So off we go, quite literally across the very picturesque abandoned railroad tracks into the shanty part of town known as Njoro, with no curio shops, no paved streets, and certainly no tourists.  You know the tarot card The Fool?   I do, but I also want my phone back, and although I am aware I would never do this if I was traveling with someone else, Joy, Steven, Sam, my sister, would never put another person in this position, I’m quite enjoying the flow of events, the mystery, the adventure, the unknown, the script I have no idea where it will go, and other than robbery, the actual risk to my person seems to me to be minimal.  Hey, what do I know?  I just wish I’d left my laptop, passport, credit cards, and acres of cash back in the hotel rather than carrying them on my person.  What was I thinking?  That they’d be safer with me?  Maybe if I were walking down a busy street in the main part of town, but I’m not, I’m deep into Njoro, a neighborhood of small green grocers, teeny restaurants where men cook greasy meats on outdoor grills and potato fries in deep woks filled with oil, tin roofed shanties side by side, beauticians washing women’s hair in open doorways who teasingly call out to me to get my non-existent hair done, gorgeous children by the dozens, a church named The Sixth Pool of Shiloh, a modest mosque, motorcyclists, no cars, no cats, no dogs, no chickens.
         “You wait here Mr. Bruce,” Thursday tells me deep into Njoro on a small side street, “they will not be comfortable seeing a Mzungu (a white person).  I’ll be back.  Even I am not comfortable.”
         Okay, that’s fine, isn’t that a small tailor shop over there?  Didn’t I bring my pants with the hole in the pockets with me just in case I found a tailor in my wanderings?  (I did.)  See you back here, Thursday.  Maybe.
         So I take out the pants from my pack, show them to the tailor who cannot quite fathom a mzungu in his shop, ask him as best I can how much it will cost to sew new pockets in them, am told 100,000 shillings (seventy dollars !), show my shock and surprise at the ridiculous price, ask how much to just stitch up the hole, and am told thirty cents.  Fine, I say, let’s do that.  And soon thereafter my pants are sewn, the beautician across the street is still beckoning for me to join her, it’s funny, maybe even sexy, and Thursday is back.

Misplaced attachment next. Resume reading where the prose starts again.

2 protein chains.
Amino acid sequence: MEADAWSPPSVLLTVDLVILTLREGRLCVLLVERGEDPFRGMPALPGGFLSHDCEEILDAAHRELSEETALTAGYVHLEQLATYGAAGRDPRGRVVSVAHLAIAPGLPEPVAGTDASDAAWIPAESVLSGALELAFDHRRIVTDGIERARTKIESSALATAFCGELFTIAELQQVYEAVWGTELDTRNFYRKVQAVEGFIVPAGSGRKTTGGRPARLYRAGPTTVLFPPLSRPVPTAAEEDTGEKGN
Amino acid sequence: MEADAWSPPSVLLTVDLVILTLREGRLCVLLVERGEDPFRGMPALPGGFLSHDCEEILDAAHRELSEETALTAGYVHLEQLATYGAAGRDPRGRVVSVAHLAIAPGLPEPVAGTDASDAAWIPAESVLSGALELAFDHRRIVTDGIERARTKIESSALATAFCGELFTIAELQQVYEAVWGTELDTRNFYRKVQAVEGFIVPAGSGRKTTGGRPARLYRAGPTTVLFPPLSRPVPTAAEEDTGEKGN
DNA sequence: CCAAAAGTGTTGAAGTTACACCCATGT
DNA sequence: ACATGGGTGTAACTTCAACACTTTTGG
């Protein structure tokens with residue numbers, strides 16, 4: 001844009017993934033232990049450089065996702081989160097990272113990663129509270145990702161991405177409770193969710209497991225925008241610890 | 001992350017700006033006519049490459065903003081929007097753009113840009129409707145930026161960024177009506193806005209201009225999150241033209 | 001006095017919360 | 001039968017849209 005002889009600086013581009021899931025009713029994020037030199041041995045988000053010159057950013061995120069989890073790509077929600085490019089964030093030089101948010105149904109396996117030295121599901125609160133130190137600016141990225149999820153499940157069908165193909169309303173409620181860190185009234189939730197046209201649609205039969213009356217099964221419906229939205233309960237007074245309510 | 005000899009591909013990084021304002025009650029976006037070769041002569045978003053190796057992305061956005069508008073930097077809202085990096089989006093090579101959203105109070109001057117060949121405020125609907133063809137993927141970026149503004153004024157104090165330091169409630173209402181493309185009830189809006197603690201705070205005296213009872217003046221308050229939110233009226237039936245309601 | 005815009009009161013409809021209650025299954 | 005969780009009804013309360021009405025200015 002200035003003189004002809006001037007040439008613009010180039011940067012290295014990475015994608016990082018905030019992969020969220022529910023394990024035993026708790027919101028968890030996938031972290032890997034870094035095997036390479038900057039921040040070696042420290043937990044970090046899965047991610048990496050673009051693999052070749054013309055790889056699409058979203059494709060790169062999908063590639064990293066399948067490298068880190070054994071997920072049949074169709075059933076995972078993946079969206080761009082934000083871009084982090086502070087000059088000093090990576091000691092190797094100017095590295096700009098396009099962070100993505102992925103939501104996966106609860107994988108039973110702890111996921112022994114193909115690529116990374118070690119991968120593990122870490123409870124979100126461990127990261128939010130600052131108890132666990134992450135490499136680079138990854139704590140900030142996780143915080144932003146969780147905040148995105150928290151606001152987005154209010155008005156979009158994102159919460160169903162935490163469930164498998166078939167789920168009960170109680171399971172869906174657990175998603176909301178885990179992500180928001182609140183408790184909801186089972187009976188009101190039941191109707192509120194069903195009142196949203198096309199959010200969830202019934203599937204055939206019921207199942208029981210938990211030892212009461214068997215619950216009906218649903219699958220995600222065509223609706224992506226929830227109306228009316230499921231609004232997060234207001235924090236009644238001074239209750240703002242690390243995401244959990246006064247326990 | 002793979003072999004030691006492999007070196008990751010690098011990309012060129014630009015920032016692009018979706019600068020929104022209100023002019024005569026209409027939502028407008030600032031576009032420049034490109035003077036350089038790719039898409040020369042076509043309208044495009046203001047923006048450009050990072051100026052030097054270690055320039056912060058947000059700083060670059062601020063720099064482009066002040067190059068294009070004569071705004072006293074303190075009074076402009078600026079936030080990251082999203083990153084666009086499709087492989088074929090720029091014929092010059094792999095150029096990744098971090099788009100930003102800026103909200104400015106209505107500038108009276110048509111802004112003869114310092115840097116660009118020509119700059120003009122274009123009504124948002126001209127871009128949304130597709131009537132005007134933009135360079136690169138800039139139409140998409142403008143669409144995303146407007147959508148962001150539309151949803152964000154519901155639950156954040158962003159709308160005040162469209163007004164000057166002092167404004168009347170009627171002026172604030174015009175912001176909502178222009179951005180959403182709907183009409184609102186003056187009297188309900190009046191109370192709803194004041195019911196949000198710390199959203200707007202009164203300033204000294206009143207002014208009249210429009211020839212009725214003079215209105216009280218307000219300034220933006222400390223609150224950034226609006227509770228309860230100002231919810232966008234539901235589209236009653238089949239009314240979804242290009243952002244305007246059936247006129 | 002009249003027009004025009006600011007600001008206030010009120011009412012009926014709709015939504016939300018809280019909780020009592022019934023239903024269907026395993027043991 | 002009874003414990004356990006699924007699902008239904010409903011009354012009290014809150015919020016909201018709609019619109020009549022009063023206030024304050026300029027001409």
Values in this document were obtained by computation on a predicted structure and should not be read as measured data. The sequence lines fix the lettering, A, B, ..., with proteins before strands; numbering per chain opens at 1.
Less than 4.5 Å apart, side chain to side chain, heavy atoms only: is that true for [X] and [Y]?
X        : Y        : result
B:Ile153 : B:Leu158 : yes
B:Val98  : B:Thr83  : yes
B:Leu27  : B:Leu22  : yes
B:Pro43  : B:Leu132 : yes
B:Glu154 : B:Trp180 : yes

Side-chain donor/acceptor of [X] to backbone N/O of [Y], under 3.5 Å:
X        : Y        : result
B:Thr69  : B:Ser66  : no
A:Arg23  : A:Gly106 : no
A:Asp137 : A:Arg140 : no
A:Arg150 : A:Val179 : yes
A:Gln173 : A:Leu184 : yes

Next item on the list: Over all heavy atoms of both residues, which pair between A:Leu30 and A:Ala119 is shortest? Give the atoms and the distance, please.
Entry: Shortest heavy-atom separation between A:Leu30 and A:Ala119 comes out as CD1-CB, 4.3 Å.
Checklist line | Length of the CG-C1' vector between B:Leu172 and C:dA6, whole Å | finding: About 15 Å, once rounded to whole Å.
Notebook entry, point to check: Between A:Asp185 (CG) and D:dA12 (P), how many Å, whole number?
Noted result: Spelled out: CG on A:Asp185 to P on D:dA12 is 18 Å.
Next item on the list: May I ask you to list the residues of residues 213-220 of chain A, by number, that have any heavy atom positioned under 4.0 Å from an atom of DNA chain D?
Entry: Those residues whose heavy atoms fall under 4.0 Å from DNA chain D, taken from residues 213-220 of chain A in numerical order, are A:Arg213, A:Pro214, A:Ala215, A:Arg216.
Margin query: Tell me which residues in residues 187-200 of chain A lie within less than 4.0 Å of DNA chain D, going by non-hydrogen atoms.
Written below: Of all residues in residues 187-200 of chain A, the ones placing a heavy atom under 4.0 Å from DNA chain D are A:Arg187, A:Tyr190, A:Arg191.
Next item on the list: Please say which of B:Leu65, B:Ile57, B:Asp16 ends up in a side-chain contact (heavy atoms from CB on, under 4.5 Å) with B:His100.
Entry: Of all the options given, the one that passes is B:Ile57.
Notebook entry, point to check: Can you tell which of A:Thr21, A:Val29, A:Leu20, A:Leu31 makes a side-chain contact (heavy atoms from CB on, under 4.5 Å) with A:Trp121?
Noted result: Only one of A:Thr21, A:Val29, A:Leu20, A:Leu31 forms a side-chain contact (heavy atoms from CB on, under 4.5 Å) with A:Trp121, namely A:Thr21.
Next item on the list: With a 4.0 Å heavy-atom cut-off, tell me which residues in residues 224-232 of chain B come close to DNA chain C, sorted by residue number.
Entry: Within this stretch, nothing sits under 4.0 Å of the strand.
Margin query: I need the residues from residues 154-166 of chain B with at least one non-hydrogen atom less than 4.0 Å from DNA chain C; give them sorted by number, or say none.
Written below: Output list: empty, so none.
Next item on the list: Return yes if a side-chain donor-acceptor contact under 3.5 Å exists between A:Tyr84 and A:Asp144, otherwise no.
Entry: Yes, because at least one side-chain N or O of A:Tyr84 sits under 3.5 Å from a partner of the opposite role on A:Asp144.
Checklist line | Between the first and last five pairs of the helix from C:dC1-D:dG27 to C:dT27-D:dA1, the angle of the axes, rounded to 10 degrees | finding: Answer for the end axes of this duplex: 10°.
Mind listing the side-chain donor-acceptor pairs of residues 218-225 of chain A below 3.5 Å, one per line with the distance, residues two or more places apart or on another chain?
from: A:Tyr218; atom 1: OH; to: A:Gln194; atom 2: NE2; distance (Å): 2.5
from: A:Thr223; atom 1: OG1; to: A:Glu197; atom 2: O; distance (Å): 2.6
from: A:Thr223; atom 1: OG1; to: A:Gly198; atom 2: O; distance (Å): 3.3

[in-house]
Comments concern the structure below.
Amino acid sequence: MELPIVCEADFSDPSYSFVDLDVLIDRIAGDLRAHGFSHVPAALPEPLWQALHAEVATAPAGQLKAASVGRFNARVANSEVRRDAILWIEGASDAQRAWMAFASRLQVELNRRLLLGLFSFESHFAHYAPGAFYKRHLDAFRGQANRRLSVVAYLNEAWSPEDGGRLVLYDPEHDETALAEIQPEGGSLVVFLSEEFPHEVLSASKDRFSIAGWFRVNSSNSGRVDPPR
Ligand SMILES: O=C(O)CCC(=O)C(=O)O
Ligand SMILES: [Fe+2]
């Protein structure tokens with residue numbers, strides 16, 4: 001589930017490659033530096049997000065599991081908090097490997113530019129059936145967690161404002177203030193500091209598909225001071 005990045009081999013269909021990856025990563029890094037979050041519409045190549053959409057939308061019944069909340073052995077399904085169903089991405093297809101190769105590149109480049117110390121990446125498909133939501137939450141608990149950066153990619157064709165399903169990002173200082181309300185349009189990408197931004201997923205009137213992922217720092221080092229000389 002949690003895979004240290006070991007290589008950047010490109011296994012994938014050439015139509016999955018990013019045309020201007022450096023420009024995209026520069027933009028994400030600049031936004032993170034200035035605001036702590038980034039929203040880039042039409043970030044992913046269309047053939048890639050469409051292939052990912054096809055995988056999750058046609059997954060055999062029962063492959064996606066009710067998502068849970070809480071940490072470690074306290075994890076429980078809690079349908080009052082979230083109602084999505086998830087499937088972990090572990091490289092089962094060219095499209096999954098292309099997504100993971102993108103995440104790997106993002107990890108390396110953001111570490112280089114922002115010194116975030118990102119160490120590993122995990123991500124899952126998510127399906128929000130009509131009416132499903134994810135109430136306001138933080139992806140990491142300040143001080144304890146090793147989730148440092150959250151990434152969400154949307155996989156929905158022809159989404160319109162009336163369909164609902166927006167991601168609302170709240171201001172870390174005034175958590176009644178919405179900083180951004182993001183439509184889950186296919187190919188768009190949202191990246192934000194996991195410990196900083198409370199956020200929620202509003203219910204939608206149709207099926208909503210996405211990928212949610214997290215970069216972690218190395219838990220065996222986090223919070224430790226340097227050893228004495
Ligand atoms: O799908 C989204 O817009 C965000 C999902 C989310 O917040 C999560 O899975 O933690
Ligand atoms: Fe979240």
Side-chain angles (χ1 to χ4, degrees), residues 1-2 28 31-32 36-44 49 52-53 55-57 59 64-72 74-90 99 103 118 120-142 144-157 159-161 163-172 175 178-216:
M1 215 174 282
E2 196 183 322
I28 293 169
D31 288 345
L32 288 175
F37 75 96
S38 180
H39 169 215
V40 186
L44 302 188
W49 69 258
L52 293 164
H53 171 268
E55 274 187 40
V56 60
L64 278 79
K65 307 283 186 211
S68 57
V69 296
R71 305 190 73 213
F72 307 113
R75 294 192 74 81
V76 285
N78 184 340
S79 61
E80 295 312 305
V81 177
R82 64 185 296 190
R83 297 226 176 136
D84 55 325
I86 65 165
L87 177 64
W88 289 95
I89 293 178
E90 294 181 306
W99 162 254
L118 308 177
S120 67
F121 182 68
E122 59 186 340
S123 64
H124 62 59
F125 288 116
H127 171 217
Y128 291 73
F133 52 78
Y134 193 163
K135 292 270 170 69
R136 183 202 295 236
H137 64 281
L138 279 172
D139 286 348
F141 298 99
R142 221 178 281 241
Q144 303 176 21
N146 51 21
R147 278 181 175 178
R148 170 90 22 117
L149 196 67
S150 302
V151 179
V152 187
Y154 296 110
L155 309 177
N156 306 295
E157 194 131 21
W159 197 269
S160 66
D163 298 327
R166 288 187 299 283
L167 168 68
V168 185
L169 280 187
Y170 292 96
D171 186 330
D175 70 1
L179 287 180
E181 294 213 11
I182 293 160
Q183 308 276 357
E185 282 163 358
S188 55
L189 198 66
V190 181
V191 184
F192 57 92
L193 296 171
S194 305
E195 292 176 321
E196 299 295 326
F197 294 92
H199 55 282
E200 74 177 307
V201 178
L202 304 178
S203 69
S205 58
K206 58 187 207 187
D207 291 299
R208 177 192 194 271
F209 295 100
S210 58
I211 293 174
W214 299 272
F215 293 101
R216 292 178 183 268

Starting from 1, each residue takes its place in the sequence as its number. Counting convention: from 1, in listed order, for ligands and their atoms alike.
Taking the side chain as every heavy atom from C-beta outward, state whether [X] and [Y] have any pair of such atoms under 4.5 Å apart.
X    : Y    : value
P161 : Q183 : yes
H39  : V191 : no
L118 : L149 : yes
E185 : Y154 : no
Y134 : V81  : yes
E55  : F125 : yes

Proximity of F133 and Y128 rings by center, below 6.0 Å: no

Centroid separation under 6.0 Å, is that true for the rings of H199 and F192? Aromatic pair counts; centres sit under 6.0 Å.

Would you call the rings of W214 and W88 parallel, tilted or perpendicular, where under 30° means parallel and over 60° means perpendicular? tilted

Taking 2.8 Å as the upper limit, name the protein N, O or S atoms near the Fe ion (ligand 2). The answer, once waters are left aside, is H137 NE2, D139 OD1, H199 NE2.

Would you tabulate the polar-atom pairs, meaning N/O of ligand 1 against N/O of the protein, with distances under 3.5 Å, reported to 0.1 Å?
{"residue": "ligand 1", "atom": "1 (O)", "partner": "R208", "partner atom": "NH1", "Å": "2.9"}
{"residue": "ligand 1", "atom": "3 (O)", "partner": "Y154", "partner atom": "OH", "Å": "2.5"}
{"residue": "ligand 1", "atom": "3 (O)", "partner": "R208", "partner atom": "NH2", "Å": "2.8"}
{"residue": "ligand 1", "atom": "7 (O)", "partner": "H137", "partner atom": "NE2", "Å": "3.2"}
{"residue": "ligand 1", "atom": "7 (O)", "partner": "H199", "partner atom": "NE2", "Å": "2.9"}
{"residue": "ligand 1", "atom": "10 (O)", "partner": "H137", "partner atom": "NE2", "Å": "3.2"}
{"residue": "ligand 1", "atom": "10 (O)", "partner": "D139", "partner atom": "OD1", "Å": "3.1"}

“Mr. Bruce, I have seen what I think is your phone.  The man paid 100,000 shillings (also approximately seventy dollars, a very popular number apparently) for it.  He will give it back to you for 100,000 shillings, but he must see the money first.”
         “I can’t give money to a stranger, Thursday.  Even you.  You understand.  Not without at least seeing the phone.  You know that.”
         “But, Mr. Bruce, this is very difficult, the man cannot just show you the phone.  He fears you will take it and run, that he will lose the 100,000 shillings he paid for it, that you will identify him to the police.  He does not want to be seen by you.  I have seen inside his house, he has four phones, video cameras, a laptop computer.  Give me something to show good faith.  Maybe just 30,000 shillings.”
         I’ve seen this movie before, haven’t I?  Haven’t we all?  Anyone want to bet on the outcome?  Regardless, I’m willing to risk the twenty dollars.